Provincial Engineering & Geoscience Week


A Salute to Professional Engineers & Geoscientists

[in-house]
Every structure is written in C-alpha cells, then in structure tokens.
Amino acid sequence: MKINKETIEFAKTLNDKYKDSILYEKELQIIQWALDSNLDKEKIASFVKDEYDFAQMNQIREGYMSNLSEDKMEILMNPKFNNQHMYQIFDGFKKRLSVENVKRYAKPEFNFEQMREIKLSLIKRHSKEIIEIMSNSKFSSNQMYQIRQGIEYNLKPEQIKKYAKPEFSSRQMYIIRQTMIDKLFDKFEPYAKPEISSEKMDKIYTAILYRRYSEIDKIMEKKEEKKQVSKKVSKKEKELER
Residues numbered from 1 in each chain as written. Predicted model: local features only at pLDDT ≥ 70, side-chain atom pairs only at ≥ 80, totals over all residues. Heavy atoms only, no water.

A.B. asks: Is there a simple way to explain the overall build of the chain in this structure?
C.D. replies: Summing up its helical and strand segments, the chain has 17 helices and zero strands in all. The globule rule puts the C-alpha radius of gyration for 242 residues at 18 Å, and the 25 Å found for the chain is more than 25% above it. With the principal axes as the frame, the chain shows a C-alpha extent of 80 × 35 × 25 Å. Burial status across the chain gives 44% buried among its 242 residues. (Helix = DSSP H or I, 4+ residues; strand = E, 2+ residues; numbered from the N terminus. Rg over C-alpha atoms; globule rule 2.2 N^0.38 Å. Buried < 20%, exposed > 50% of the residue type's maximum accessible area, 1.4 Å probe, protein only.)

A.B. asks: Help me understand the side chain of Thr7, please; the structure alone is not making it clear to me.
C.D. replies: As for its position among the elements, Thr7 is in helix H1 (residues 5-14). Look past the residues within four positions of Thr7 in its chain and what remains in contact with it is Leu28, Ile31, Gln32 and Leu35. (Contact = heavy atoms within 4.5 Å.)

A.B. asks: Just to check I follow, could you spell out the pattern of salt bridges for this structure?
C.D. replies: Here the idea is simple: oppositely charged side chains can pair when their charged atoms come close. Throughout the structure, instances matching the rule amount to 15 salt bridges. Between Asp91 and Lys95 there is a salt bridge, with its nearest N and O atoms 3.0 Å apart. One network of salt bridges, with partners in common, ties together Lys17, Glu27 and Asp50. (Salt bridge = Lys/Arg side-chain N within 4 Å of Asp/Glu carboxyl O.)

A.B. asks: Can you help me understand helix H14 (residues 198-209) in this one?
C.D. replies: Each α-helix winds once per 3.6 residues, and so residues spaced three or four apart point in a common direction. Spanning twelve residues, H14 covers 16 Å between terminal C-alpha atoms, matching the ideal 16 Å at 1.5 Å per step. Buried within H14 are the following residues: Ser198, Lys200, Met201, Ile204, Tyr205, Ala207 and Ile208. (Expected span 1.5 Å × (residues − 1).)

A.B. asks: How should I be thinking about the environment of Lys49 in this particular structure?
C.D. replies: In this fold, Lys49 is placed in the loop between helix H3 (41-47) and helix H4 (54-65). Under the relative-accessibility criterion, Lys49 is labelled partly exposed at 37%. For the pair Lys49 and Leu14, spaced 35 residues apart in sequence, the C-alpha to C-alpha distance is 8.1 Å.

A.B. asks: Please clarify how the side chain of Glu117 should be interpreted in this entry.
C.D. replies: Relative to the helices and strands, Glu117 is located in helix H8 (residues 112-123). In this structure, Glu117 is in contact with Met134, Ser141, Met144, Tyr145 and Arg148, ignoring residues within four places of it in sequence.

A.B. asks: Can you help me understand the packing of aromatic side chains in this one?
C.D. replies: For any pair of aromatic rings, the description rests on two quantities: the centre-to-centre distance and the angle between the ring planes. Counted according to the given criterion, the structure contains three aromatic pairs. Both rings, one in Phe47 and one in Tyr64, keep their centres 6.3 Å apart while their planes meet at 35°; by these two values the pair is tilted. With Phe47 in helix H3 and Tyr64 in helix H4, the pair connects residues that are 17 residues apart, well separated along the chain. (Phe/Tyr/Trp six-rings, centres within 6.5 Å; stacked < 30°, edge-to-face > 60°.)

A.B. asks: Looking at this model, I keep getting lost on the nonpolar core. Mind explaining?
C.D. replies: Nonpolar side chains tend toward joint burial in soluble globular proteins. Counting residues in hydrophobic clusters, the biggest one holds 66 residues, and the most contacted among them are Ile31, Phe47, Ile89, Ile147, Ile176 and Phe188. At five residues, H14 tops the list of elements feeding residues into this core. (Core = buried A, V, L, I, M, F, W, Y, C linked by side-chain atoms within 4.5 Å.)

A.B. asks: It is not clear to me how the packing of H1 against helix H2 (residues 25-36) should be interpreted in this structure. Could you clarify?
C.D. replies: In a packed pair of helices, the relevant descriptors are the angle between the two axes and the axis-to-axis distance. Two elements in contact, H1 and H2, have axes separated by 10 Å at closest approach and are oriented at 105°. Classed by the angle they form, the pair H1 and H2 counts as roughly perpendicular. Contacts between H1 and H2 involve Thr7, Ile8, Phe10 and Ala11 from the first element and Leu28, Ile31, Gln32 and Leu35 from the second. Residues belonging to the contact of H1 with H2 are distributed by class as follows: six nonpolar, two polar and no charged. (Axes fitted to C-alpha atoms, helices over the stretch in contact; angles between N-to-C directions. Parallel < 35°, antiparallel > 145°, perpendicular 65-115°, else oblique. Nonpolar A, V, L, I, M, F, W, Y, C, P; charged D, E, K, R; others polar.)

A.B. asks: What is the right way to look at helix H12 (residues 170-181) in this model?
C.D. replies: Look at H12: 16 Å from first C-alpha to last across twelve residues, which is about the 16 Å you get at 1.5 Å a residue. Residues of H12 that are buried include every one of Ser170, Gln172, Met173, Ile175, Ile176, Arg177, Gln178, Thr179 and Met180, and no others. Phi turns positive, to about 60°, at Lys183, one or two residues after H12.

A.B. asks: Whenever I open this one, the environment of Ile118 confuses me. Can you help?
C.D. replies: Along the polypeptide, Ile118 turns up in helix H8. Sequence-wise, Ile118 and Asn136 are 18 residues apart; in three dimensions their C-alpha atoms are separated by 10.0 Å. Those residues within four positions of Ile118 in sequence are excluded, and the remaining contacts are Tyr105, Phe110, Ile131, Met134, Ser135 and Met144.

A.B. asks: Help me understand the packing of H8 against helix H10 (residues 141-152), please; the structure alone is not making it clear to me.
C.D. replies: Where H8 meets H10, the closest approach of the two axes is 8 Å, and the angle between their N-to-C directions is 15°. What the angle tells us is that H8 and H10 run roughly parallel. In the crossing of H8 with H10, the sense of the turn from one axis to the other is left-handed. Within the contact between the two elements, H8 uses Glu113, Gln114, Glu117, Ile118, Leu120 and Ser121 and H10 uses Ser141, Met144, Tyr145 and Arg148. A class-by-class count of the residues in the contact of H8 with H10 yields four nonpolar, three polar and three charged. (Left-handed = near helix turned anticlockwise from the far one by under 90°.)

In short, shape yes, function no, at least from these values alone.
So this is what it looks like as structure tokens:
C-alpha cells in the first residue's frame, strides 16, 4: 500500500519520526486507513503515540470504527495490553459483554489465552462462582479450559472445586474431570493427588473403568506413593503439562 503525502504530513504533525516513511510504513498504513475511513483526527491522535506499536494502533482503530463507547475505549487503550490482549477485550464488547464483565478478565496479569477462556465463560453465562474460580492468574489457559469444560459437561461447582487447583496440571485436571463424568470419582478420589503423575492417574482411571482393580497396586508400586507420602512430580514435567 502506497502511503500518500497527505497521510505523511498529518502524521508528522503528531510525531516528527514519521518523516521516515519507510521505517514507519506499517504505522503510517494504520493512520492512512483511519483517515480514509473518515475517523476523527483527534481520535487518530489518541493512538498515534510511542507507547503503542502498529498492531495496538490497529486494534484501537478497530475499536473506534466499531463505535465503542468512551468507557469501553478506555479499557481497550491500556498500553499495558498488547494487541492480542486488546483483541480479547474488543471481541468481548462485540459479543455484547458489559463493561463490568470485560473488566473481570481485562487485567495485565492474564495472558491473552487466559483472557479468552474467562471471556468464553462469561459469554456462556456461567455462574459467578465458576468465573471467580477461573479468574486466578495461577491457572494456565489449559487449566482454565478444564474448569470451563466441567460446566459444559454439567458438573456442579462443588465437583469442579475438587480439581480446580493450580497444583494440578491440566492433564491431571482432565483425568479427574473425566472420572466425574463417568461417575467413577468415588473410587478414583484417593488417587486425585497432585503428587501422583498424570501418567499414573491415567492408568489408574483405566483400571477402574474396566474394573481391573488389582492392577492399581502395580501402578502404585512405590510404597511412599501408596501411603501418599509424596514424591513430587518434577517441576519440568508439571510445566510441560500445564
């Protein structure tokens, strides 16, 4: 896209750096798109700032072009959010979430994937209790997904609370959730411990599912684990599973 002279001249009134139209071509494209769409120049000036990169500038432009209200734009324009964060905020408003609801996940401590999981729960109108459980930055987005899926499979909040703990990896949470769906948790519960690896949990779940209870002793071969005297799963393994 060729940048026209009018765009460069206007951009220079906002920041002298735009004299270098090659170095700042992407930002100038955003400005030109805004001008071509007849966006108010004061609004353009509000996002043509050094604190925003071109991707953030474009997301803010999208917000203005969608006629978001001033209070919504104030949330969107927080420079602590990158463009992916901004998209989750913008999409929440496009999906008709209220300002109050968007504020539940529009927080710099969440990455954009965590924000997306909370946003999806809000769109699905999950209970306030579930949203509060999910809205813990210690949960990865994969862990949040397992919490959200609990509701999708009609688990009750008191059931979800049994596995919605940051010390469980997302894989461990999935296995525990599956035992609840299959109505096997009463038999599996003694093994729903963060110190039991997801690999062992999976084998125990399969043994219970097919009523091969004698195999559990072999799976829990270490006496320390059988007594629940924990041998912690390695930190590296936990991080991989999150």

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4 WEDNESDAY, FEBRUARY 26, 2020 MARCH 1–7, 2020 PROVINCIAL ENGINEERING & GEOSCIENCE WEEK SPECIAL SECTION By Sherry Kaniuga When you catch sight of the gleaming, state-of-the-art Winnipeg offices of RTDS Technologies Inc. — encased in floor-to-ceiling glass, stretching out on stilts over a pond below — you just know something interesting and innovative is going on inside. F or 25 years, RTDS Technolo- gies has been helping utility companies, manufacturers, and research and educational insti- tutions run simulation tests to ensure their electrical power systems are oper- ating properly — and potential issues are mitigated — using the Real-Time Digital Simulator (RTDS® Simulator). Back in the mid-1980s, local engineers looking for a way to replace analog hardware large enough to fill the entire floor of an office building, dreamed up specialized computer hardware and software for simulating the power system in real time. They pioneered the world's first real-time digital simulation in 1989, then officially founded RTDS Technologies in 1994, introducing a new level of accessibility and flexibility. "They were ahead of their time. There was actually quite a bit of skepticism towards digital simulation and the market opportunity in general," says CEO Kelly McNeill. "The way they adapted and used existing processors was quite innovative. Once successful tests were done, people realized how powerful it was." The RTDS Simulator allows the user to create a network model which runs on specialized computer processing hardware in real time. This unique technology allows clients — electrical utilities, for example — to test how a device is behaving before physically deploying it on their grid. Customers in over 50 countries have used the RTDS Simulator to test devices in a closed loop — sending signals to a piece of equipment, then taking the response and sending it back into the simulated grid. "Closed-loop testing is the most comprehensive way to test protection and control devices, besides putting them in the field and subjecting the grid to scenarios which can be costly and potentially dangerous," McNeill explains. "This technology allows for 'de-risking' in a safe, controlled environment, allowing users to improve the reliability and security of their power, while improving their bottom line and making things more efficient and innovative." Manitoba Hydro has used the simulator for closed-loop testing of the control system for its Bipole III transmission line. This is one of many success stories from around the world, including hundreds of Factory Acceptance and Dynamic Performance Testing projects by Siemens, ABB, GE, and other manufacturers, as well as protection testing, renewable energy integration, cyber security simulation, and much more. Every time the company sells a simulator, two employees visit the customer to provide a five-day onsite training course, and the company provides ongoing support. "We have a team of power system engineers who are dedicated to supporting our users. They answer questions, troubleshoot and diagnose errors quickly and comprehensively," McNeill says. The simulation support team is one of several groups of highly trained and specialized personnel behind the different aspects of the technology. The development of industry-leading power system models, hardware down to the embedded level, user-friendly software, and product assembly and testing are all done in-house at the RTDS Technologies office. RTDS Technologies has grown and improved its systems over time, and in 2017 it introduced NovaCor, a new generation of sophisticated simulation hardware based on the IBM Power8 processor that allows simulations to be run faster and more accurately. Today the RTDS Simulator is known as the most trusted, powerful, and accurate real-time simulation technology worldwide. The company has grown to over 75 staff, more than half of them engineers, nearly all with degrees from the engineering program at the University of Manitoba, right next door. "Having a power systems research hub right here is very useful to us. The U of M has a really strong, internationally recognized power systems program, and we have a great relationship with them," McNeill says. Reducing risk with real-time digital simulation "We have a team of power system engineers who are dedicated to supporting our users." — Kelly McNeill PHOTOS BY MANUEL F. SOUSA PHOTOGRAPHY MIKE KARAKAS PHOTOGRAPHY

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